REMEMBERING PROF.HARI SHARMA
By Promod Puri
It was tense, divisive and provocative violent period in the mid ‘80s when the communal and religious hatred almost divided the otherwise peaceful and amicable Indo-Canadian community in the Lower Mainland of British Columbia.
Tension between Hindus and Sikhs was swiftly escalating as a result of separatists’ fierce Khalistan movement in Punjab, India, and which was having emotional and enraged repercussions in B.C., especially after the Golden Temple attack by the Indian armed forces.
More than that, the entire Punjabi community was severely divided within itself as it was fearfully inflicted with religious fanaticism from extremists dominating the scene with boycotts, threats and violence.
Our inter-caste and inter-religious harmony as a community was falling apart. Our years of united struggles, fighting prejudice, hatred and discrimination and seeking equality in the overall Canadian society was seriously obstructed. We were facing very serious situation whereby as a major ethnic community we were in deep crisis.
Alarmed by the deteriorating situation and accepting the immediate and unexpected challenge, a few of us as community activists openly started holding meetings in an atmosphere of threats and violence to access and tackle the damage being done.
At this critical moment our friend and guide was none other than Hari-bhai. He was bold, forthright and tough personality with meeting-protocol skills that we were able to form a small but effective force which was named Forum For Communal Harmony.
Although we elected not to have any designated titles among us from our membership, but Hari-bhai was certainly a mobilizing force to direct our earnest efforts to combat hatred and violence, and stressing on the need to restore harmony within the community.
It was during participations in the Forum’s meetings and working with Hari-bhai that I as publisher and editor of The Link, the South Asian newspaper, started admiring and recognizing the selfless and passionate for freedom of expression qualities in him. And out of respect for his mature and unbiased thinking, concerned and caring nature, and being fanatically secular personality that I started calling him Hari-bhai.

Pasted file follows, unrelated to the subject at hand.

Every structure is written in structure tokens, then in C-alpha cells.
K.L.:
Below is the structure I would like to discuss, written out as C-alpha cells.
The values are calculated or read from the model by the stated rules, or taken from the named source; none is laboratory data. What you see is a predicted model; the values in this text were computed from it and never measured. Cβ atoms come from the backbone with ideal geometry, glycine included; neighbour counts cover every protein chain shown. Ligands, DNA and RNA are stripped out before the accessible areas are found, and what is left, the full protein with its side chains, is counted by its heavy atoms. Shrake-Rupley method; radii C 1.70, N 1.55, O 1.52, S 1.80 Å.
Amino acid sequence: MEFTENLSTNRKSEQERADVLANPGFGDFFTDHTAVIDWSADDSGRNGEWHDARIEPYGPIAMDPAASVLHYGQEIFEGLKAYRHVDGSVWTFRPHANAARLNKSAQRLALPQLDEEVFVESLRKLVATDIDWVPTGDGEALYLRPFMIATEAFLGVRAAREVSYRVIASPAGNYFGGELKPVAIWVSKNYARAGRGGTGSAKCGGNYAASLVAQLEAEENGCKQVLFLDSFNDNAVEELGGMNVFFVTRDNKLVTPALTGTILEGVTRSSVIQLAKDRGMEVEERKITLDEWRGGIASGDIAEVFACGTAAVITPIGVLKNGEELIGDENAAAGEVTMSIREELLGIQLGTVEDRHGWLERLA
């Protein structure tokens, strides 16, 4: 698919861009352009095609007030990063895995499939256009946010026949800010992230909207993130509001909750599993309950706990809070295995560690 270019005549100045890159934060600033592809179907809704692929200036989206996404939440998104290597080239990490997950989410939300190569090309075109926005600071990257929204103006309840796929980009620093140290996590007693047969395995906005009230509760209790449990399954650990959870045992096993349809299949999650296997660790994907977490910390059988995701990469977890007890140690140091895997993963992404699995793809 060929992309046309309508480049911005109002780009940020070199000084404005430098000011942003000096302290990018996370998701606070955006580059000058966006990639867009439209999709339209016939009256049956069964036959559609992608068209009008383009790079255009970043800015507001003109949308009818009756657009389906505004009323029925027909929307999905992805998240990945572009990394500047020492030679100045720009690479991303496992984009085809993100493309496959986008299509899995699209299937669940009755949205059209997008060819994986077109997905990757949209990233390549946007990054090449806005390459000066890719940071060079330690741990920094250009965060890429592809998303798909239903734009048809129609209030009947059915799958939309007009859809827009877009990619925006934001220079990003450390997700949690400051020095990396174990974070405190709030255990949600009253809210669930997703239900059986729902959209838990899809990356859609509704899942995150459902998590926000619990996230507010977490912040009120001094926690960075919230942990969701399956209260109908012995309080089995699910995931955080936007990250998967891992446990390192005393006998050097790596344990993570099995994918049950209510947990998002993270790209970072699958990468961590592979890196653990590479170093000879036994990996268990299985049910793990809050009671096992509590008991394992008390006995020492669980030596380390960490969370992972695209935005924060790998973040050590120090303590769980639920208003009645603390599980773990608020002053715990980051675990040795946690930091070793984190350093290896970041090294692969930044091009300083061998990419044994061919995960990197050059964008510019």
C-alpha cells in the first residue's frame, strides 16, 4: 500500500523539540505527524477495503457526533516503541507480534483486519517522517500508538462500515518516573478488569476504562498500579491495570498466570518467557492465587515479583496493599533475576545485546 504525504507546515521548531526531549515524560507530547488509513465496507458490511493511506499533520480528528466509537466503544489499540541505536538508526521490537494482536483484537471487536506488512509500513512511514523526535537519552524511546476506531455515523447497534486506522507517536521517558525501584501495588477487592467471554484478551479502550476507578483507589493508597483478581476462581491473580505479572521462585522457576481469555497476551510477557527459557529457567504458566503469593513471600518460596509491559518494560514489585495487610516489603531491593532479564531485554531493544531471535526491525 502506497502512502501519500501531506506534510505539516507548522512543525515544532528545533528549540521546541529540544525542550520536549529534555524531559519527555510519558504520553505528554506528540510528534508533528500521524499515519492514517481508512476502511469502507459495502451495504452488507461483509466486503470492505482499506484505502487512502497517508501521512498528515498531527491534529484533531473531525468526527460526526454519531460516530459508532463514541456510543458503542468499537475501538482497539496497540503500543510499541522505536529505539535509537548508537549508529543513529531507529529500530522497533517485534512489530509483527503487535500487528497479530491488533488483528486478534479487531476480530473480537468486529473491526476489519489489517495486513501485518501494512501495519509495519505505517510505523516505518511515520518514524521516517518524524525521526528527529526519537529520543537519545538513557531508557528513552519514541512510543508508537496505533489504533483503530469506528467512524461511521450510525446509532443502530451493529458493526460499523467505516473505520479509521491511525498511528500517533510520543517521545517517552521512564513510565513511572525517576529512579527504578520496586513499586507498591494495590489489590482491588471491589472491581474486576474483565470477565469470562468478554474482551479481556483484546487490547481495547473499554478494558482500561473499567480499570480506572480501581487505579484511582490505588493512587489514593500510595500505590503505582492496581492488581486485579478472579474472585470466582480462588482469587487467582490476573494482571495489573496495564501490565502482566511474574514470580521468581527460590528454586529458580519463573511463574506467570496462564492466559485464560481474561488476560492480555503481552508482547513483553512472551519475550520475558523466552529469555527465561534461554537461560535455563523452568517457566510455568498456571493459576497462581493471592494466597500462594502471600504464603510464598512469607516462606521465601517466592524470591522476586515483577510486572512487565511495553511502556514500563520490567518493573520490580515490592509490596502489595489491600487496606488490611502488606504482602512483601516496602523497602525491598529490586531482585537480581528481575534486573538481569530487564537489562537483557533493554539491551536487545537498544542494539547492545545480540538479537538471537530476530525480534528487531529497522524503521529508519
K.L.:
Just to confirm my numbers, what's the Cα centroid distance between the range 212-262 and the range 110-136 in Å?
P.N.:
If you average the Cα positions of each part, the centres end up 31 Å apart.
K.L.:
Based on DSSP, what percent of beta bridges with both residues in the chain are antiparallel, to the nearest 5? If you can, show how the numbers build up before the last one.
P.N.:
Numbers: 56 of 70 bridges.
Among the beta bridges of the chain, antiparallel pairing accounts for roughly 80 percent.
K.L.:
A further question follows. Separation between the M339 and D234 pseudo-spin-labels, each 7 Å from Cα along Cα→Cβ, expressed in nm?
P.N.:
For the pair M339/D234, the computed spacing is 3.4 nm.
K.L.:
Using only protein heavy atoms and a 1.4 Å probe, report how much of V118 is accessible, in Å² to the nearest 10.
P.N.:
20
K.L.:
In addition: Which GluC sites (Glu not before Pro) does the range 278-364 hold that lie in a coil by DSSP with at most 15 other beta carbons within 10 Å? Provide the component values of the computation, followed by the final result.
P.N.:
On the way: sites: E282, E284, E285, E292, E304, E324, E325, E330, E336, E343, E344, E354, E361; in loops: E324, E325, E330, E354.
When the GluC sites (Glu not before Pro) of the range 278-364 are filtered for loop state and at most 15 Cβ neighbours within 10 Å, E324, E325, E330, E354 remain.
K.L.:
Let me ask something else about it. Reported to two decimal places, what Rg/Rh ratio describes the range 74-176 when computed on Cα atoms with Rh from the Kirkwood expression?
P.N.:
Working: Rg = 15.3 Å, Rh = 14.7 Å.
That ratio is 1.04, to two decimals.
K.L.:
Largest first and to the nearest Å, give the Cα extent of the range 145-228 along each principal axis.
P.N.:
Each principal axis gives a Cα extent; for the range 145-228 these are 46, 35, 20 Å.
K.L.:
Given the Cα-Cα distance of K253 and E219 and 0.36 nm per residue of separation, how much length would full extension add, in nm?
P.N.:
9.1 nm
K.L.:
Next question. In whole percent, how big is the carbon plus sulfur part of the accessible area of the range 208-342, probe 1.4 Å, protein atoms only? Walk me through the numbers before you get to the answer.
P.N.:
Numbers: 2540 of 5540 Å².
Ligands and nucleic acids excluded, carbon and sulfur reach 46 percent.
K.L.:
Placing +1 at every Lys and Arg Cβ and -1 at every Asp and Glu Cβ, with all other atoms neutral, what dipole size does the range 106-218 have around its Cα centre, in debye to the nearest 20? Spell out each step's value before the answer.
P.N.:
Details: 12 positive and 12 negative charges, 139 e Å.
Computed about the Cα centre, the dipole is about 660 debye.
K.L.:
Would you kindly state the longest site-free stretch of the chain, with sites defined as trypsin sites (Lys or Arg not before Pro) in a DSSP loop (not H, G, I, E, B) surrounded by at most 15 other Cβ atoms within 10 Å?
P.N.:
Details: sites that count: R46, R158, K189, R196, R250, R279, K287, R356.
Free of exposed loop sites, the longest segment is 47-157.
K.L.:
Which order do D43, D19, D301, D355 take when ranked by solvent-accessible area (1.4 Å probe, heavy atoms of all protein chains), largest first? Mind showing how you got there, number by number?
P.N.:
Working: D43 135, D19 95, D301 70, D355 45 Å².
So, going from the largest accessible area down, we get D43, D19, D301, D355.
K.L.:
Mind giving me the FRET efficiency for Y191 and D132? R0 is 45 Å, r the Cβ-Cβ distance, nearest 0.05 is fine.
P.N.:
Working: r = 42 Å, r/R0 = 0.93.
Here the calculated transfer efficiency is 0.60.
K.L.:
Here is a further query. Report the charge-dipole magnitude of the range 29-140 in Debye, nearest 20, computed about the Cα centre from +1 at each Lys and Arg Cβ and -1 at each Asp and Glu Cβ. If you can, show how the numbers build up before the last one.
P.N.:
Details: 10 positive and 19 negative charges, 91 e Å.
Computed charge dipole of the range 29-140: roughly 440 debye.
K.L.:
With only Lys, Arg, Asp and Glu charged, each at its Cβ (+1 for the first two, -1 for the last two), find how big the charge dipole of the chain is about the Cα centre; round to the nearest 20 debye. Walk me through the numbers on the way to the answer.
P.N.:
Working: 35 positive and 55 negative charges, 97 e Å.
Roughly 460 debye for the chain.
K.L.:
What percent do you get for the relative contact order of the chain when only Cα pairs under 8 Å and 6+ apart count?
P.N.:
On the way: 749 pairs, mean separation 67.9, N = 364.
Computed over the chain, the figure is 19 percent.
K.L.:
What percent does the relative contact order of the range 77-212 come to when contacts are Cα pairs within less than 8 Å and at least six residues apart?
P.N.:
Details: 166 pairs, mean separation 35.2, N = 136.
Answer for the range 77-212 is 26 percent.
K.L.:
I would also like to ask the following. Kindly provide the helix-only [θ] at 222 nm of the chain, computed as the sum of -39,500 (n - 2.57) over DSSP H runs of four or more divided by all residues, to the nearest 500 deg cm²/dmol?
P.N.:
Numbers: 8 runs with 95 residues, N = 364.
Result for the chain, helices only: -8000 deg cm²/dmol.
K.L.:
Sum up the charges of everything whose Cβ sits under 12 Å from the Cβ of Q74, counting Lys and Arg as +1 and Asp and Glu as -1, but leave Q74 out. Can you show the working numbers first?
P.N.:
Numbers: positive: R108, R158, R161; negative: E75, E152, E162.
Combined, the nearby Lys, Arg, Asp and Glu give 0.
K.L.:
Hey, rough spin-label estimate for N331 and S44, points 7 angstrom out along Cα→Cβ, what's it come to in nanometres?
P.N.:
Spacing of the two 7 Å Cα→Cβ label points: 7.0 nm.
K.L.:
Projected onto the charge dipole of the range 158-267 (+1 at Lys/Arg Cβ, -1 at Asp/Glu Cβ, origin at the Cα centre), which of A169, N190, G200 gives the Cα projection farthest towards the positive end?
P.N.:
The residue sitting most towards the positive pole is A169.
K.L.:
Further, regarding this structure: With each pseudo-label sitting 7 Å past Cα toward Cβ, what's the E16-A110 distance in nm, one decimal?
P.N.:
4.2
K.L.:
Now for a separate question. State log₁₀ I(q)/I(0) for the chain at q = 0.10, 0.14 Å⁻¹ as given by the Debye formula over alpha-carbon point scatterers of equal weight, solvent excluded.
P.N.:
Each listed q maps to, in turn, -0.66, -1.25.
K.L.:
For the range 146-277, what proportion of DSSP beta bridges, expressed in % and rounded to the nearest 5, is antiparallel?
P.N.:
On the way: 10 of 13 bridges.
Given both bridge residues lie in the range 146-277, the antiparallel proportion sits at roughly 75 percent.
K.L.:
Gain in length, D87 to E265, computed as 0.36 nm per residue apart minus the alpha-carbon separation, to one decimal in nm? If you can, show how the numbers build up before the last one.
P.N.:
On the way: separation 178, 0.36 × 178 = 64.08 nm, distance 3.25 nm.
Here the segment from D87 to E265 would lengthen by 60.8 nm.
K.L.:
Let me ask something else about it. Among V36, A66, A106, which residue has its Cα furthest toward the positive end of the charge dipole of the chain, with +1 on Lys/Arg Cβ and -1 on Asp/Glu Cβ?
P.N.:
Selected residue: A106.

Although being a newspaperman, I did not join or participate in many of his other diverse campaigns over the years, but I always acknowledged and supported his causes and ardent struggles.
Hari-bhai had been a motivational force to bring out people to fight for causes for our betterment as a society. He challenged the silence and apathy of people toward injustice and violence against minorities whether in India or in Canada. In this regard he seemed to share the views of famous Indian film producer Mahesh Bhatt who once said “I always maintained that society is not devastated by the misdeeds of badman, but by the silence of the so-called good people”.
As a relentless campaigner on numerous issues like anti war and nuclear weapons, human rights and social justice, oppression of landless workers and Scheduled Casts in India, Hindu fundamentalism and minority rights Hari-bhai was certainly a “voice of “consciousness. He reached the “pinnacle of success” as he had always been uninterested in money, compliments or publicity.
Hari Sharma made a very significant contribution in drawing and shaping the political,social and to some extent economic landscape of our community particularly in this part of Canada.
(Prof. Hari Sharma, a distinguished academic at the Simon Fraser University in the department of sociology, died three years ago after fighting a long battle with cancer at the age of seventy-five).